Figure 7 (a): COD reduction (%) at different time intervals during electrooxidation at 3 A/dm2 using RuO2/Ti electrodes sintered at 450°C (Electrode A).
Figure 7 (b): COD reduction (%) at different time intervals during electrooxidation at 3 A/dm2 using RuO2/Ti electrodes sintered at 550°C (Electrode B).

S. no. Parameter Afterelectrooxidation(electrode A) Afterelectrooxidation(electrode B)
1 Color Pale yellow Colorless
2 pH 7.8 7.5
3 COD 504 mg/l 320 mg/l
4 BOD 185 mg/l 115 mg/l
5 Total dissolved solids 185 mg/l 163 mg/l

Table 2: Physico-chemical characteristics of pharmaceutical effluent after electrooxidation.


Figure 8(a): FT-IR spectrum of pharmaceutical effluent prior to electrooxidation.
Figure 8 (b): FT-IR spectrum of pharmaceutical effluent post electrooxidation at 3 A/dm2 for 4 hr. using electrode B as the anode.


This contribution has reported the effect of RuO2 microstructure on Ti substrate anodes with respect to efficient electrochemical oxidation of pharmaceutical effluent. Electrodes were prepared by sintering at two different temperatures viz. 450°C (Electrode A) and 550°C (Electrode B), and electro-oxidation was carried out at a current density of 3 A/ dm2 for 4 hr. Color removal of 84 % and 96 % were recorded electrodes prepared at 450°C and 550°C. COD removal was found to be 68 % and 79 % for the electrodes prepared at 450°C and 550°C respectively. Electrode B also exhibits more efficient redox behavior than that of electrode A, as depicted by results from cyclic voltmmetry. The efficient electro-oxidation performance of electrode A, when compared to that of electrode B can be attributed to the effect of microstructural modifications on the RuO2 electrocatalytic coating, which is rendered by sintering at 550°C. This can be construed from the SEM and XRD results provided. The smaller grain size and greater porosity of stable anatase RuO2 coating on the Ti mesh substrate results in the formation of a greater number of active sites for enhanced pharmaceutical effluent electro-oxidation. Thus, this contribution reports that preparation of RuO2/Ti anode by sintering at 550°C would be an efficient technique for bringing about effective electro-oxidation of pharmaceutical effluent.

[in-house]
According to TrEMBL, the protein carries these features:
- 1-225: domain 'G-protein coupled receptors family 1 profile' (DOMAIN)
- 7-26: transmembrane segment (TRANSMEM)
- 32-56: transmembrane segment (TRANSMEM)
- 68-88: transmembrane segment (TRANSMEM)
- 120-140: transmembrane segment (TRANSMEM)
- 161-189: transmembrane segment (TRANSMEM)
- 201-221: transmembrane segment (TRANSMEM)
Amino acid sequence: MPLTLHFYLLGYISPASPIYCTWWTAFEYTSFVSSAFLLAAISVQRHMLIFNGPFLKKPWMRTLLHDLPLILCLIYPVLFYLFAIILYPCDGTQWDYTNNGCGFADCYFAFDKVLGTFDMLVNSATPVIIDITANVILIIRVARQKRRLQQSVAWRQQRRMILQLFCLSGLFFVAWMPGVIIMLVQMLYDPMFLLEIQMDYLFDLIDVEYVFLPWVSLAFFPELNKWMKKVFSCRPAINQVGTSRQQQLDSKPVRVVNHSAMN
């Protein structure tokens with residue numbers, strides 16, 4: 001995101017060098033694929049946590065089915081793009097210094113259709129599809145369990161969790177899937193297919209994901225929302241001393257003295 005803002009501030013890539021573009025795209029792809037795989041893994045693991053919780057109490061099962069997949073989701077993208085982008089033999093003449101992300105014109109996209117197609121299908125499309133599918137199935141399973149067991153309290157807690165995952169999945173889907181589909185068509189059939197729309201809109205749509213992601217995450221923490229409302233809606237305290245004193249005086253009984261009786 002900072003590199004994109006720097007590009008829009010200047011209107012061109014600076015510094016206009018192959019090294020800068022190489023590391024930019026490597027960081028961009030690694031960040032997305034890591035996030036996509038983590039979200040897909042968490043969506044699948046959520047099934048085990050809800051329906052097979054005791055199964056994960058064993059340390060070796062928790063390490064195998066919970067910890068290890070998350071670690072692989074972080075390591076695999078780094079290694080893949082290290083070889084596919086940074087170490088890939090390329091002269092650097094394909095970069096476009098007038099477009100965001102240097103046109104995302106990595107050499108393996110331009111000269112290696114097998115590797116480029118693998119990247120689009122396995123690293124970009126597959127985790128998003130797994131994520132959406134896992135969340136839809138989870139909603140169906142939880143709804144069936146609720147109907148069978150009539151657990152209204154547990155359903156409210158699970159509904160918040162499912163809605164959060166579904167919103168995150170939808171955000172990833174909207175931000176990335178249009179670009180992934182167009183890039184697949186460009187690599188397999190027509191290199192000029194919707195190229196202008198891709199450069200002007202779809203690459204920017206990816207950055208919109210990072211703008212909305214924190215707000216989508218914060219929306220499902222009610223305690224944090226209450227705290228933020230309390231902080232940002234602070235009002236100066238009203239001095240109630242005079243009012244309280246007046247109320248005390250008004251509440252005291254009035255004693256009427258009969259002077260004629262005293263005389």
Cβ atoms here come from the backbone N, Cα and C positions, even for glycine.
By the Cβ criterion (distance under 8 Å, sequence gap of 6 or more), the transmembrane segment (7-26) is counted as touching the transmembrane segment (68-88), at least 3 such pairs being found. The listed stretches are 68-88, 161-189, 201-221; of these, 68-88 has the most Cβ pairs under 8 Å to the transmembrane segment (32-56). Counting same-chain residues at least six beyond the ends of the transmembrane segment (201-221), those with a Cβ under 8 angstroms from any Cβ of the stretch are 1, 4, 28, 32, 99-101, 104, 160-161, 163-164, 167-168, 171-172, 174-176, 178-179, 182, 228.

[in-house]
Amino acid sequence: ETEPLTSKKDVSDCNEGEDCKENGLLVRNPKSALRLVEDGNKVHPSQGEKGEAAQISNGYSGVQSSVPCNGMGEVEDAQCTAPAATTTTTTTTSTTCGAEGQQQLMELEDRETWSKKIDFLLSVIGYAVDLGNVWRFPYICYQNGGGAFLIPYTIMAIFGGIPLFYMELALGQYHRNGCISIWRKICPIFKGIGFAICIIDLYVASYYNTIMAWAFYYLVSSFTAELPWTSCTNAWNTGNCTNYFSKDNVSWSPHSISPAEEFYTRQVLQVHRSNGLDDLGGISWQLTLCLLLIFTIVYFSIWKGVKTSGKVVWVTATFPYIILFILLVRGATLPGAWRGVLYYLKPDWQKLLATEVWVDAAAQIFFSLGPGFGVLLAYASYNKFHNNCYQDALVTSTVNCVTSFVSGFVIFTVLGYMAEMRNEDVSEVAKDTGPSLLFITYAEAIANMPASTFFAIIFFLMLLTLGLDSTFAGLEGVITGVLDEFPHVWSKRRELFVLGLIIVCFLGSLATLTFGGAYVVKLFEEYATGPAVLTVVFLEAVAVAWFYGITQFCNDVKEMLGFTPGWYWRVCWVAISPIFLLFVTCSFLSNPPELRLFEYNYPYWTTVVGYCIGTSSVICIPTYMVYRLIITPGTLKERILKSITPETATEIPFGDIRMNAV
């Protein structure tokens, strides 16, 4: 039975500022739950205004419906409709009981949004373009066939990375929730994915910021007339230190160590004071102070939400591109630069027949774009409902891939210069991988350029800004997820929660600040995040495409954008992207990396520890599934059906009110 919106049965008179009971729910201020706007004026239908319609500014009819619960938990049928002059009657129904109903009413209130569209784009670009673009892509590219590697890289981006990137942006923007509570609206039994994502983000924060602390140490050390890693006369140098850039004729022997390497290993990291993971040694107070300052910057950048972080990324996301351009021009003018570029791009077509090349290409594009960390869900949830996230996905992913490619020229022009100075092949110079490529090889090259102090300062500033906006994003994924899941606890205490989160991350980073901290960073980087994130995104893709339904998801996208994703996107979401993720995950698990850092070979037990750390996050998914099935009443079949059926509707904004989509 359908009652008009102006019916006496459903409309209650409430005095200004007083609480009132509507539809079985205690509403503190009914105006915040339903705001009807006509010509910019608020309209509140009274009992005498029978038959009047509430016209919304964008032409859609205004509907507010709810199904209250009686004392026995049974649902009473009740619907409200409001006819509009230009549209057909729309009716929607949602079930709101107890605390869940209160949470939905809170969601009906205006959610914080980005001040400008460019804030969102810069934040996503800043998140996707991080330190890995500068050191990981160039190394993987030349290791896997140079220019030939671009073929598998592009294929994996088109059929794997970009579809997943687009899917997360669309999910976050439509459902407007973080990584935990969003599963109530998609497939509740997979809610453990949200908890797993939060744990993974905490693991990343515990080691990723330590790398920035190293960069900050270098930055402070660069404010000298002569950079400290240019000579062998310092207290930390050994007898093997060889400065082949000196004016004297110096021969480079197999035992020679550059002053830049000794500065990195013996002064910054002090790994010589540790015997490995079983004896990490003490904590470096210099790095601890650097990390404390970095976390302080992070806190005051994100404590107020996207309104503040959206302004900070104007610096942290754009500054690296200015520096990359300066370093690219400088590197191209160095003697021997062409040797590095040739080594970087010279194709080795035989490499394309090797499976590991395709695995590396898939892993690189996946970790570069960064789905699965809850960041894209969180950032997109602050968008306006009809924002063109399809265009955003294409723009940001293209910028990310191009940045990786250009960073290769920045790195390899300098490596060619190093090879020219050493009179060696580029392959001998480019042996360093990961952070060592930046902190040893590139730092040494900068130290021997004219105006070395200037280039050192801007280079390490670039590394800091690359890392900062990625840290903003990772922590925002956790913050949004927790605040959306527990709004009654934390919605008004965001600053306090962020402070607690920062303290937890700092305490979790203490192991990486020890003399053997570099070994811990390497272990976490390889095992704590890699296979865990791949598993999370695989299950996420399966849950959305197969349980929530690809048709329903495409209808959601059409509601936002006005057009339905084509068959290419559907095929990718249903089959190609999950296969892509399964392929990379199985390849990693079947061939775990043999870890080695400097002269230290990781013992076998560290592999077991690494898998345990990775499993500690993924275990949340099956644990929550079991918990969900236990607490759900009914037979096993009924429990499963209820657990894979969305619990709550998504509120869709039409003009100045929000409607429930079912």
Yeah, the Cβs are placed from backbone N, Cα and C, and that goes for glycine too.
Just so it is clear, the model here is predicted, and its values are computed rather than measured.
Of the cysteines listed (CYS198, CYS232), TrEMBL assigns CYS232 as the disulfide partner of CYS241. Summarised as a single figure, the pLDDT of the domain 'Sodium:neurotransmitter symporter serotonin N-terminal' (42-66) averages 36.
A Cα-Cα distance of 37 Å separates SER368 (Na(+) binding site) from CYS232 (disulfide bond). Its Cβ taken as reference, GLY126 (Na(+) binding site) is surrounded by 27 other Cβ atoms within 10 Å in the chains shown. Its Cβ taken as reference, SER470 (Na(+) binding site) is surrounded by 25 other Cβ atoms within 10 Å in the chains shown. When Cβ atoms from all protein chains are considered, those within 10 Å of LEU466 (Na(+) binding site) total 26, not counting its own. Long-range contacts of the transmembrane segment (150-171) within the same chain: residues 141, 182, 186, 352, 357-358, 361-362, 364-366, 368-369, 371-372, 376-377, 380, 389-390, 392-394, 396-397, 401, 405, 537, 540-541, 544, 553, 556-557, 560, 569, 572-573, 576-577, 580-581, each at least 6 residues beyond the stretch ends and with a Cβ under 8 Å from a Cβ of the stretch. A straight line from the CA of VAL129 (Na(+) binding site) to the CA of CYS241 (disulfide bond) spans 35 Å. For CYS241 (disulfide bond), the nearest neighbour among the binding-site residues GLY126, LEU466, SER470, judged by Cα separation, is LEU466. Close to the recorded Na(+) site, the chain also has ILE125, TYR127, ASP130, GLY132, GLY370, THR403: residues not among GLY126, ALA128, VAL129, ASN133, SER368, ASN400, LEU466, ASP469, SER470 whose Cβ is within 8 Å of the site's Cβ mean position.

One of the authors Ms. S. Vahidhabanu thanks Department of Science and Technology, New Delhi for offering DST- Inspire fellowship.


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Citation: Vahidhabanu S, Stephen AJ, Ananthakumar S, Ramesh Babu B (2015) Effect of Ruthenium Oxide/Titanium Mesh Anode Microstructure on Electrooxidation of Pharmaceutical Effluent. Int J Waste Resour 5: 191.

Copyright: © 2015 Vahidhabanu S, et al. This is an open-access article distributed under the terms of the Creative Commons Attribution License, which permits unrestricted use, distribution, and reproduction in any medium, provided the original author and source are credited.